February 8, 2024

Solar Learning Centre

What is Solar Oversizing in a Microinverter System?

What is microinverter oversizing?.

When shopping for solar systems, what happens when you see something that doesn’t add up?  

In the case of power output from solar panels stacked up against the conversion power of microinverters, you’ll see that their power ratings don’t match. At all. Why would you install microinverters with a lower power rating than a solar panel? Is it a mistake? The math does not match up. And because you’re a smart solar shopper, you’ve gotten pretty good at solar system math.  

At Penrith Solar Centre, we’re here to educate you through every step of your solar journey. When it comes to the performance of a microinverter with a solar panel, we’re experts because we exclusively install microinverters. Our team understands this issue inside and out, and we’re here to educate you so the solar math you encounter will be a little easier.  

In this article, you will learn: 

  • What is Solar “Oversizing” in a Microinverter System? 
  • Why Would You Want to Oversize a Microinverter Solar System? 
  • AC to DC Ratio  
  • Solar Panels vs Microinverters: Final Thoughts 

By the end of this article, you’ll be an expert in all things related to oversizing with a microinverter solar system. Let’s dive in!  

What is Solar “Oversizing” in a Microinverter System? 

The microinverter is a key component of a solar system. Each solar panel has a microinverter mounted beneath it.  

The solar panel converts the sunlight into DC (direct current) power. This is measured in watts. 

The microinverter converts the DC power into AC power, and this is also measured in watts.  

It’s common for the solar panel power rating (measured in watts) to exceed that of the microinverter. This is what is meant by oversizing.  

Why Would You Want to Oversize a Microinverter Solar System? 

At Penrith Solar Centre, we install Enphase IQ8HC Microinverters that have a peak power output rating of 384W (that’s the maximum amount of DC power it can convert to AC power), and Trina Vertex S+ solar panels with a maximum power output of 440W (this collects the DC power that’s fed to the microinverter for conversion to AC power).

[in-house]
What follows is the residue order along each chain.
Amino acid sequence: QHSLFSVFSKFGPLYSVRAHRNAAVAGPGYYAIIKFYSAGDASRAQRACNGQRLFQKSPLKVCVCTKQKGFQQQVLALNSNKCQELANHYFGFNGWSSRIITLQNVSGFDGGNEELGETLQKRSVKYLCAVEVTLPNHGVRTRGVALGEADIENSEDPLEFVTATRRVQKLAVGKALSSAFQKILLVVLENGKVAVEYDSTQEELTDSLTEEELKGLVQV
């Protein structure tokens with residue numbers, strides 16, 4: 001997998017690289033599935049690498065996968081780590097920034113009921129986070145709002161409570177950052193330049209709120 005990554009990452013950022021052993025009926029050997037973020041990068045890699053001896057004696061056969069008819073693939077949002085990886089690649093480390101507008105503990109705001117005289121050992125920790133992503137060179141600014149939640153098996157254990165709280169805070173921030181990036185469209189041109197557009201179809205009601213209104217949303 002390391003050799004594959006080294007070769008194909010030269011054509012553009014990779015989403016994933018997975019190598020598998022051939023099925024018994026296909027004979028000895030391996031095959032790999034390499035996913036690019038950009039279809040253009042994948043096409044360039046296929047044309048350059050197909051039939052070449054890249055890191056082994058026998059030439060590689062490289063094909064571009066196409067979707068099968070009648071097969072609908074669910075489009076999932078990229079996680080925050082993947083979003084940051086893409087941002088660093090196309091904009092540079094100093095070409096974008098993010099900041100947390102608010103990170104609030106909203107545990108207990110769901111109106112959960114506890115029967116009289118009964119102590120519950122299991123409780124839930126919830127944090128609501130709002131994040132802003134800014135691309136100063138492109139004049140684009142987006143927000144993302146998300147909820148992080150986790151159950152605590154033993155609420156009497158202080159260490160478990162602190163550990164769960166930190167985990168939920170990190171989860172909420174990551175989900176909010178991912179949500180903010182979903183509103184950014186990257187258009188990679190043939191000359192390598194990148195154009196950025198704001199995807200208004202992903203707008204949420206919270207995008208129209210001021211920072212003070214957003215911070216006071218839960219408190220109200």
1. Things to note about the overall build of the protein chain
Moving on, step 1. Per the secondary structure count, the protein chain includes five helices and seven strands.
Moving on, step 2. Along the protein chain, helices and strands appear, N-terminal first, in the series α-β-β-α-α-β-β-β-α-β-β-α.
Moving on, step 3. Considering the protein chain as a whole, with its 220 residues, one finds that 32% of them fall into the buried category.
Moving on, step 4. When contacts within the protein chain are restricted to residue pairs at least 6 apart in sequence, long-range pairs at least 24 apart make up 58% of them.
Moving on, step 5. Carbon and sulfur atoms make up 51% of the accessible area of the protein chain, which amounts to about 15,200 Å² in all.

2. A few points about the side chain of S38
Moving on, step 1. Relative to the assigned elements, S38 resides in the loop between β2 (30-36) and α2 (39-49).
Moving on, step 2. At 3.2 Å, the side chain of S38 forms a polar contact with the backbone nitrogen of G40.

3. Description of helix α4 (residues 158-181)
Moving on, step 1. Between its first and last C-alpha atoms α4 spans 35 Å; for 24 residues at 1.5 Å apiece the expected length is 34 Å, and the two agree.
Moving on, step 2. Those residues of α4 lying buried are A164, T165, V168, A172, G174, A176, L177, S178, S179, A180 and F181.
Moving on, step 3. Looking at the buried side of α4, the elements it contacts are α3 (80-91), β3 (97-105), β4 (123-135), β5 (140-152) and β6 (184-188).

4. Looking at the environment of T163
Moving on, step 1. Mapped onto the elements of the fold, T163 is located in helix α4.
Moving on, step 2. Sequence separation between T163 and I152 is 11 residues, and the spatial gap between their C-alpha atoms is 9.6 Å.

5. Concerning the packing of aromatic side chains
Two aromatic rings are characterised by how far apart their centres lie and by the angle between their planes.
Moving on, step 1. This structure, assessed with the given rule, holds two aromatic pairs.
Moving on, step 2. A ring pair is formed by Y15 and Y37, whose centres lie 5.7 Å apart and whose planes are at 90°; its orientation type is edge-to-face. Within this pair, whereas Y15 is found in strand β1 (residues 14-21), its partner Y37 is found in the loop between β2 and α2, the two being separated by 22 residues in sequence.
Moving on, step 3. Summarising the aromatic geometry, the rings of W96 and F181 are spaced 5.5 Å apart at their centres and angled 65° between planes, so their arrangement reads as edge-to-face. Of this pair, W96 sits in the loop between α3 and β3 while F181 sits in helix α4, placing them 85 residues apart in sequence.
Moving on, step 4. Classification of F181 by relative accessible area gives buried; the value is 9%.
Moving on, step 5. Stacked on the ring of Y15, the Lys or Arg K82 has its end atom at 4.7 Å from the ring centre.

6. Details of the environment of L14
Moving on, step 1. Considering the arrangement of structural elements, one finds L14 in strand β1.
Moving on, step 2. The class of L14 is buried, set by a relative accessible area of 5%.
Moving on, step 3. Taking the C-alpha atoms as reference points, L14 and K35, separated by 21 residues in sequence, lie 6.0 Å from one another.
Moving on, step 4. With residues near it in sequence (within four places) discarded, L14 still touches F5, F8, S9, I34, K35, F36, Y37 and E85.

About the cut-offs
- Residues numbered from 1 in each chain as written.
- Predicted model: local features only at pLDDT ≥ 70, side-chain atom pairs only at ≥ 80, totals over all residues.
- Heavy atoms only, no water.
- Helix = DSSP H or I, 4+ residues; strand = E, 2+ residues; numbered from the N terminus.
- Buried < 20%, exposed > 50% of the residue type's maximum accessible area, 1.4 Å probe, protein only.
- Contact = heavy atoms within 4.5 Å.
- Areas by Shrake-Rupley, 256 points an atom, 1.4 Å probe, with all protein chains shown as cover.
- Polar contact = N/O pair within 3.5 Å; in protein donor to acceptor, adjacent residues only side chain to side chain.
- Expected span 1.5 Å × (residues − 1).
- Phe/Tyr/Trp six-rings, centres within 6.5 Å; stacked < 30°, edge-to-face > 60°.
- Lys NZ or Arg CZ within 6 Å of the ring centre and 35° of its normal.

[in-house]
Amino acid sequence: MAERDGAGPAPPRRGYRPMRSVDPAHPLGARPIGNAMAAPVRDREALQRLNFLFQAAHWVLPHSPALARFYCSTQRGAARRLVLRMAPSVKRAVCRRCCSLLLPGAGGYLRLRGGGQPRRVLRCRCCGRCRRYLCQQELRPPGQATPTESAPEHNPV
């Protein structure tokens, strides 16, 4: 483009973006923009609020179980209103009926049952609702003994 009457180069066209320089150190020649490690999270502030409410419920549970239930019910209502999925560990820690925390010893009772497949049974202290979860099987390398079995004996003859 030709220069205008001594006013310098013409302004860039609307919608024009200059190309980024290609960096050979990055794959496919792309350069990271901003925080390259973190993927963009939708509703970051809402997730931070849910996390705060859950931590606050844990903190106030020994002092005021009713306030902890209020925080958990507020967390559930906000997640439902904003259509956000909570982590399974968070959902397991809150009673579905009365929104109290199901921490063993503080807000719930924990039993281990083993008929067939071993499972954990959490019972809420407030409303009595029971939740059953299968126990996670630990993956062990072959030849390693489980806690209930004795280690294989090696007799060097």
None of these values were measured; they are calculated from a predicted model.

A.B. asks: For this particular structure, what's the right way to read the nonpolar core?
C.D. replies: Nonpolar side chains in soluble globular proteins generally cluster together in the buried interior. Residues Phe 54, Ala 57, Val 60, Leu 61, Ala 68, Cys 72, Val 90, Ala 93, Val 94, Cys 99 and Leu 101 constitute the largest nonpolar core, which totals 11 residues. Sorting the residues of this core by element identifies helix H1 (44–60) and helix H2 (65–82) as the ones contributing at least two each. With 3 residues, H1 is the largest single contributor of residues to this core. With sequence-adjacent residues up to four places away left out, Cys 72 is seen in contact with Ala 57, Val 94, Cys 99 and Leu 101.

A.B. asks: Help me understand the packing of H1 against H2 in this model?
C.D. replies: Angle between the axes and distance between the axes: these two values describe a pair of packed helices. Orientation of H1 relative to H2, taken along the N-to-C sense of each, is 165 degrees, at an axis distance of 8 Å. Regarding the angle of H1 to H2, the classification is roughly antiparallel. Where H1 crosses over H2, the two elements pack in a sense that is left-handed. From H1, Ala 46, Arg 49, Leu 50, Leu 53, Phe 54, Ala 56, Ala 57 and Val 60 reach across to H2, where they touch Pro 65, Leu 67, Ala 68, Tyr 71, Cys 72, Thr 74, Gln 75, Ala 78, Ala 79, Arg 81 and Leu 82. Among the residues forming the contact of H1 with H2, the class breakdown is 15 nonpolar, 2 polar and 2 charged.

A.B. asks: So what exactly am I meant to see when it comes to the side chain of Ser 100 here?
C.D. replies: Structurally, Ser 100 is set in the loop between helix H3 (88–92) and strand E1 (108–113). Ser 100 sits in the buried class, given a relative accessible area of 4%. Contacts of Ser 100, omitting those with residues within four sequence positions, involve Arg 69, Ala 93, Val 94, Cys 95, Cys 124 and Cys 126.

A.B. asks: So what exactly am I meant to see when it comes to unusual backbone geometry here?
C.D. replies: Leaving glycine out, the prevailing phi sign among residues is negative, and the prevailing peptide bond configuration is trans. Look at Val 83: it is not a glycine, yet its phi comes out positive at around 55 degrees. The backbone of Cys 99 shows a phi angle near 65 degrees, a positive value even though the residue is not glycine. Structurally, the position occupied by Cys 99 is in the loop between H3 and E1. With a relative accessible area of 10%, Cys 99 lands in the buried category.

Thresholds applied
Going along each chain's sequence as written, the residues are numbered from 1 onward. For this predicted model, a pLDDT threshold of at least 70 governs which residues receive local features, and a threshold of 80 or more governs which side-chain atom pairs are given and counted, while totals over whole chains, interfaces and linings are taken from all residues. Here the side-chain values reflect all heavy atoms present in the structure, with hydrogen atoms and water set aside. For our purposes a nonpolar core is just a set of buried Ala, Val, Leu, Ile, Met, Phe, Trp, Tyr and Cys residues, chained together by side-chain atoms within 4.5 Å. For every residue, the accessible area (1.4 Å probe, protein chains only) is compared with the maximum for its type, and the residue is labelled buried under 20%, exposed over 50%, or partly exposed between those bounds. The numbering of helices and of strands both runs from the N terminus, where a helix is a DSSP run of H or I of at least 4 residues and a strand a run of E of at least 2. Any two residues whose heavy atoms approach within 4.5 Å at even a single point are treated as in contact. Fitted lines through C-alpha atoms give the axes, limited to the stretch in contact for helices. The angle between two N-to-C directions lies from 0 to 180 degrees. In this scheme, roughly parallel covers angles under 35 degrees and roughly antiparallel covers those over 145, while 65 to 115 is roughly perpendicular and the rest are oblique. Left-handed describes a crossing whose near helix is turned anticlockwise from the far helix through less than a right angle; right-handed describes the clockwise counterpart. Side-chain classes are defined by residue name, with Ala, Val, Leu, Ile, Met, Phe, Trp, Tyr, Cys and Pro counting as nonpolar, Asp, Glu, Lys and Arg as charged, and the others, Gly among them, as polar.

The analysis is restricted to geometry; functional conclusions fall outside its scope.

• Microinverters = 384W 
  • Solar Panels = 440W 
A photo of a solar panel and a microcontroller.

Why does this discrepancy exist?  

Imagine you’re picking out pyjamas – you wouldn’t just choose the size that fits you exactly; you would go a little bigger to make sure they’re comfy. Solar panels and microinverters are a similar strategy. 

Solar Panel Efficiency

Panels never achieve 100% efficiency; there’s always an element of losses. Under ideal conditions, like standard testing conditions when they receive their wattage rating, they perform at their peak efficiency. What are standard testing conditions? 

When solar panels are tested in a lab, they perform at their very best. The manufacturer performs a “flash test.” A flash test for solar panels is a procedure that’s used to determine the performance of a solar panel. The test involves applying a high-intensity flash of light to the solar panel and measuring the response in terms of voltage and current. 

A solar panel flash test example image.

Manufacturers come up with an optimal power rating for a solar panel based on the results of the flash test. This would be maximum irradiation from the sun at a perfectly perpendicular angle (90° to the solar panel’s axis). The panel then gets badged with a rating and goes out into the world.  

Your solar panels will output less power than what they’re rated for in the lab because the manufacturer tests the solar panels in ideal conditions.  

But solar panels operate in all sorts of conditions. Solar panel efficiency is largely determined by tilt and orientation, but it’s also affected by temperature, shading, lengths of wiring between components, and other loss conditions. A cloudy day can knock out the efficiency of your panels, preventing it from achieving optimal conditions.  

If you’re interested in learning a bit more about solar panels, specifically the solar panels we install, you might want to check out the following article titled, Why We Install Trina Vertex S+ Solar Panels

Learn more about Trina!

Microinverter Efficiency

Let’s talk about the microinverter: microinverters get tested as rigorously as solar panels, but they’re less subject to environmental conditions. They are durable little guys that are mounted underneath each solar panel, protected from the elements (kind of).

Man carrying solar panel with microinverter.

Their performance doesn’t drop over time (like solar panels do). They are affected by heat, but the temperature has to get a really hot before this becomes an issue. Most of the time, the microinverter’s performance won’t be any less than what is specified by the efficiency rating, which is usually well above 95%.  

Microinverters perform better when they’re operating in their peak power range.